WASHINGTON -- A former U.S. Justice Department official told senators that Vice President Dick Cheney disagreed with objections to a secret surveillance program.
James Comey, a former deputy attorney general, told the Senate Judiciary Committee that Cheney told Justice Department officials during a March 2004 meeting at the White House that he disagreed with their assertions that the warrantless wiretapping program was not legally sound, The Washington Post reported Thursday.
Comey said Cheney later prevented a senior Justice Department lawyer, Patrick Philbin, from receiving a promotion because he raised concerns about the program, which allowed the National Security Agency to eavesdrop without a warrant on phone calls and e-mails between the United States and overseas.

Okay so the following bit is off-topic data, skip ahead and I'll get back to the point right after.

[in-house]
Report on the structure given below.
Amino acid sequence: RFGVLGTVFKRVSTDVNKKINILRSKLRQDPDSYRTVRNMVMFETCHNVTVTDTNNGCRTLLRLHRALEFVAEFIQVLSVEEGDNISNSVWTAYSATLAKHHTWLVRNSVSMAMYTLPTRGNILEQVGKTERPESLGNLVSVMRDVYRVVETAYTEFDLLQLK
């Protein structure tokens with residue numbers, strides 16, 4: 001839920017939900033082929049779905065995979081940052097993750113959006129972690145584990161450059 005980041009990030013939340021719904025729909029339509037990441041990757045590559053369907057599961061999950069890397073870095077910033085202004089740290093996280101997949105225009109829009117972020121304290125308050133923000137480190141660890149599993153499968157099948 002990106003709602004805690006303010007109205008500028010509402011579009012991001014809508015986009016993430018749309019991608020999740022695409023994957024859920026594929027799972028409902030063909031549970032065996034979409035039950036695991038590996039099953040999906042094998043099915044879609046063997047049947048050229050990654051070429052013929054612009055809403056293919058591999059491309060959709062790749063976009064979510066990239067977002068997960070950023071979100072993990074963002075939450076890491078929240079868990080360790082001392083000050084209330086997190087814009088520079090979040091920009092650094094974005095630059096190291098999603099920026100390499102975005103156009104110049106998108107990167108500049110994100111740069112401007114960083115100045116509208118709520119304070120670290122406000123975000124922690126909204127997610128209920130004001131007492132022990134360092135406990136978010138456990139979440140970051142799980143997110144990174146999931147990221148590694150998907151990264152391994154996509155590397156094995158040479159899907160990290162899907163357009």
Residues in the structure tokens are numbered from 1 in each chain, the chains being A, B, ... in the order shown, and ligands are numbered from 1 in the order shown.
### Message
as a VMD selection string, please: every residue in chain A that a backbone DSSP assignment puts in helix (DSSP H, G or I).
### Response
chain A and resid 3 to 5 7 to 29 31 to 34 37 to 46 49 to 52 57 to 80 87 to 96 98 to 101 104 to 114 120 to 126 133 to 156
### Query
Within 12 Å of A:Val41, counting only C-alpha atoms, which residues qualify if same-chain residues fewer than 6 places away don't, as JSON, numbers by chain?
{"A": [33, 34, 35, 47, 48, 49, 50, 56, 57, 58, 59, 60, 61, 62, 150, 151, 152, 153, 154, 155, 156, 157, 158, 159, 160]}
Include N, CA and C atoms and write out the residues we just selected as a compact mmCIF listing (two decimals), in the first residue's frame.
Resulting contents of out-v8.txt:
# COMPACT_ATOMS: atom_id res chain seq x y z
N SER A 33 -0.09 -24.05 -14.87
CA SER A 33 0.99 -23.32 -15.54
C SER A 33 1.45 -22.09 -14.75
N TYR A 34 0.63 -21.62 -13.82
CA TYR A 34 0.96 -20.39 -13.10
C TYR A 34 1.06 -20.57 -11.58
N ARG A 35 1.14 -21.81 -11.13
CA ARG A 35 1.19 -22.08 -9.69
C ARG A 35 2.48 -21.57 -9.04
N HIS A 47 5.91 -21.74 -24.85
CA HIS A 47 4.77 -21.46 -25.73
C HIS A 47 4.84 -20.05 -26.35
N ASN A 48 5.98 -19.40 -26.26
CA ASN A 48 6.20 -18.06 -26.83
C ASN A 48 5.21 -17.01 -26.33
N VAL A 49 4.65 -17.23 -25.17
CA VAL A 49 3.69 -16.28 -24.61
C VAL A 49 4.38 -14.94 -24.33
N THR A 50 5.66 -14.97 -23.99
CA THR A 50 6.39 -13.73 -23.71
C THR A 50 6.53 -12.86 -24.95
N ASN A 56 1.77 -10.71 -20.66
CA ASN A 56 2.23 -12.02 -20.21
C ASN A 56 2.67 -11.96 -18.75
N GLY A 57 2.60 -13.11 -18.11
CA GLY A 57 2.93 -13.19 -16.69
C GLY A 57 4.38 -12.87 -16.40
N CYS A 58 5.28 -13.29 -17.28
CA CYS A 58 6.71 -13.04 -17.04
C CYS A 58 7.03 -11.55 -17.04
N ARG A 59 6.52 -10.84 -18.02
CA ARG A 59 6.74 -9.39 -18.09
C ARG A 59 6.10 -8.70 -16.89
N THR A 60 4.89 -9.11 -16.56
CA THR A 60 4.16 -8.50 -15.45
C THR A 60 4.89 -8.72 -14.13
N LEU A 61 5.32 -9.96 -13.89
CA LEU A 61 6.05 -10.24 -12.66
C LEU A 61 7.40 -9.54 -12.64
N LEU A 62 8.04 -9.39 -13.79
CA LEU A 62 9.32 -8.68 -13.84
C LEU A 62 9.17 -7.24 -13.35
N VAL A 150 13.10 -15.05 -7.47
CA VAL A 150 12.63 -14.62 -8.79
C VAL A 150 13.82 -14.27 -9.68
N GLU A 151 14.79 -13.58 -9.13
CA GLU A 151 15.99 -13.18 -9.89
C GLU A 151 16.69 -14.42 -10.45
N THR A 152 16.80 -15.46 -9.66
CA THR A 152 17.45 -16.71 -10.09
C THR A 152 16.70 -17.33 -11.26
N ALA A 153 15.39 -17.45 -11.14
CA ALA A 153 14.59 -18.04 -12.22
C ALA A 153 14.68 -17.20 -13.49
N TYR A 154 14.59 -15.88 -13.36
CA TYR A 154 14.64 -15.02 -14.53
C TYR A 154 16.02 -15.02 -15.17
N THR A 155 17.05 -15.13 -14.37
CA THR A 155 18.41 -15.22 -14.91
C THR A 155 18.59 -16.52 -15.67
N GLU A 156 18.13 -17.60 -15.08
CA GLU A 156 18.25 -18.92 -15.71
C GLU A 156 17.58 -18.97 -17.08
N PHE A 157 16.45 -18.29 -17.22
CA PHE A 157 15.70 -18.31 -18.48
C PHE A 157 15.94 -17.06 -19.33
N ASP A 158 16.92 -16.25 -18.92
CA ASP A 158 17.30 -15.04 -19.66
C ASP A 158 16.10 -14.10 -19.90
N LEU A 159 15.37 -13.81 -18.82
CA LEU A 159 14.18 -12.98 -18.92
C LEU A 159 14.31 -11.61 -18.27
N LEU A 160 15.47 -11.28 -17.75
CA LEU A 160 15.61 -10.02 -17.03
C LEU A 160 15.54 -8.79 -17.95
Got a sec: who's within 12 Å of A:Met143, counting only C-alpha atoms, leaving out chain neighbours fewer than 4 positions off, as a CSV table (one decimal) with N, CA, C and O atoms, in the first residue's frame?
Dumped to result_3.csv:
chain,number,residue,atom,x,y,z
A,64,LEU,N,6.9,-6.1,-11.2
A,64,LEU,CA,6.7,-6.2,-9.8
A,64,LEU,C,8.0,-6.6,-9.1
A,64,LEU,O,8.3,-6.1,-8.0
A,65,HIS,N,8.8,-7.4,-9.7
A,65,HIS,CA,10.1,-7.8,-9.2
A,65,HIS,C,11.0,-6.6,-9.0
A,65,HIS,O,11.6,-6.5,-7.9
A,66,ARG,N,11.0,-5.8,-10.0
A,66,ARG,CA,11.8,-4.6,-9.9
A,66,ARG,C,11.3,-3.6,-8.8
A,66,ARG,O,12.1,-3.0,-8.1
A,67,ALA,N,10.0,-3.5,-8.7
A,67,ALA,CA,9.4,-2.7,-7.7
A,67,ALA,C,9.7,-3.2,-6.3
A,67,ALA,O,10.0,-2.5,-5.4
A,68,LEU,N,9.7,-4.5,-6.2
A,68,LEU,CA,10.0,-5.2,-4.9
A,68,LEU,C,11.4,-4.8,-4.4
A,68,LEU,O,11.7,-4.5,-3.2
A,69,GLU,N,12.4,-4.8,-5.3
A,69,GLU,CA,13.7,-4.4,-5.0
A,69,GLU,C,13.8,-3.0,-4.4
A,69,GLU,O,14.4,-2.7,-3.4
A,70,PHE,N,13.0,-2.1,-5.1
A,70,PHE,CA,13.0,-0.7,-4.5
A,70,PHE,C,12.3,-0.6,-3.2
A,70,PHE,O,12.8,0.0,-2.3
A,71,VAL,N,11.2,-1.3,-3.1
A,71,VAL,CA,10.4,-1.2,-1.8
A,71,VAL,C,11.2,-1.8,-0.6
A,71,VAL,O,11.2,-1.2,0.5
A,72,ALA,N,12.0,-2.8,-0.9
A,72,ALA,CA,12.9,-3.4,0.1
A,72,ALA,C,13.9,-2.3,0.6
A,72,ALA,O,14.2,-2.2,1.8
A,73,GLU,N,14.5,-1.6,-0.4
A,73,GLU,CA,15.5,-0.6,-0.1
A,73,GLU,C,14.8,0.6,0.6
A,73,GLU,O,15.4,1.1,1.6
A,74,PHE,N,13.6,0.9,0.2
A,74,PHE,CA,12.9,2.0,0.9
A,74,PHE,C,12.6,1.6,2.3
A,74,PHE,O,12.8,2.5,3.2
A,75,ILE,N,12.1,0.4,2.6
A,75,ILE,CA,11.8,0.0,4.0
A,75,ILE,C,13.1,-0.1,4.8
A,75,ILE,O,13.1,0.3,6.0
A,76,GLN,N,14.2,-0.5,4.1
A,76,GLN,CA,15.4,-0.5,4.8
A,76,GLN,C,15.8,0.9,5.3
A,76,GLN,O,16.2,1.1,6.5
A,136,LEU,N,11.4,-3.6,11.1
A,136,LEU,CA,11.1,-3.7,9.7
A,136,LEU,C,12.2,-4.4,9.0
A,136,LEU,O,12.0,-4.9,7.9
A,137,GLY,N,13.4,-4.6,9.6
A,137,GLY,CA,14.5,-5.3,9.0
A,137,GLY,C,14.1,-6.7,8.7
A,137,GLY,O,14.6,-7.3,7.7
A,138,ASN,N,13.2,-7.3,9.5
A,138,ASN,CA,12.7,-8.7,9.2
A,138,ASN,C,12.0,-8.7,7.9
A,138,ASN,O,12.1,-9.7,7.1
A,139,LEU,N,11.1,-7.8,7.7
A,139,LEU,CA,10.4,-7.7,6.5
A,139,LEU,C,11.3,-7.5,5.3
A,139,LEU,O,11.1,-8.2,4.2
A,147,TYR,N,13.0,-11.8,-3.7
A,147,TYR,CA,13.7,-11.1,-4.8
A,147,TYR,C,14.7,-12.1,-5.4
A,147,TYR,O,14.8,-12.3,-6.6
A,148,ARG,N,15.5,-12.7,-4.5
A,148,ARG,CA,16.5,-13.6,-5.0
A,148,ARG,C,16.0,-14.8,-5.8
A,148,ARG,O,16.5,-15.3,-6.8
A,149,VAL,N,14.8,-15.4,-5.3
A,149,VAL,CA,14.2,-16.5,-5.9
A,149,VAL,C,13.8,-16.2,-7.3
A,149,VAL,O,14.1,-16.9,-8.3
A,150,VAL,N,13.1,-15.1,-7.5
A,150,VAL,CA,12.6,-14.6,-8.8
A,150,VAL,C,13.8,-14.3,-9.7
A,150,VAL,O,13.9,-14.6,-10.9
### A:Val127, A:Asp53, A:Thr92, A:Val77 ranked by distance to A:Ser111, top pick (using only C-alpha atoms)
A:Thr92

Comey, who was acting attorney general at the time, said the meeting took place one day before White House counsel Alberto Gonzales, now the attorney general, and White House Chief of Staff Andrew Card, who resigned last year, visited Attorney
General John Ashcroft while he was recovering from gall bladder surgery in a hospital. Comey said the two men tried unsuccessfully to get Ashcroft to sign off on the program.
Copyright © 2007, by United Press International. All Rights Reserved.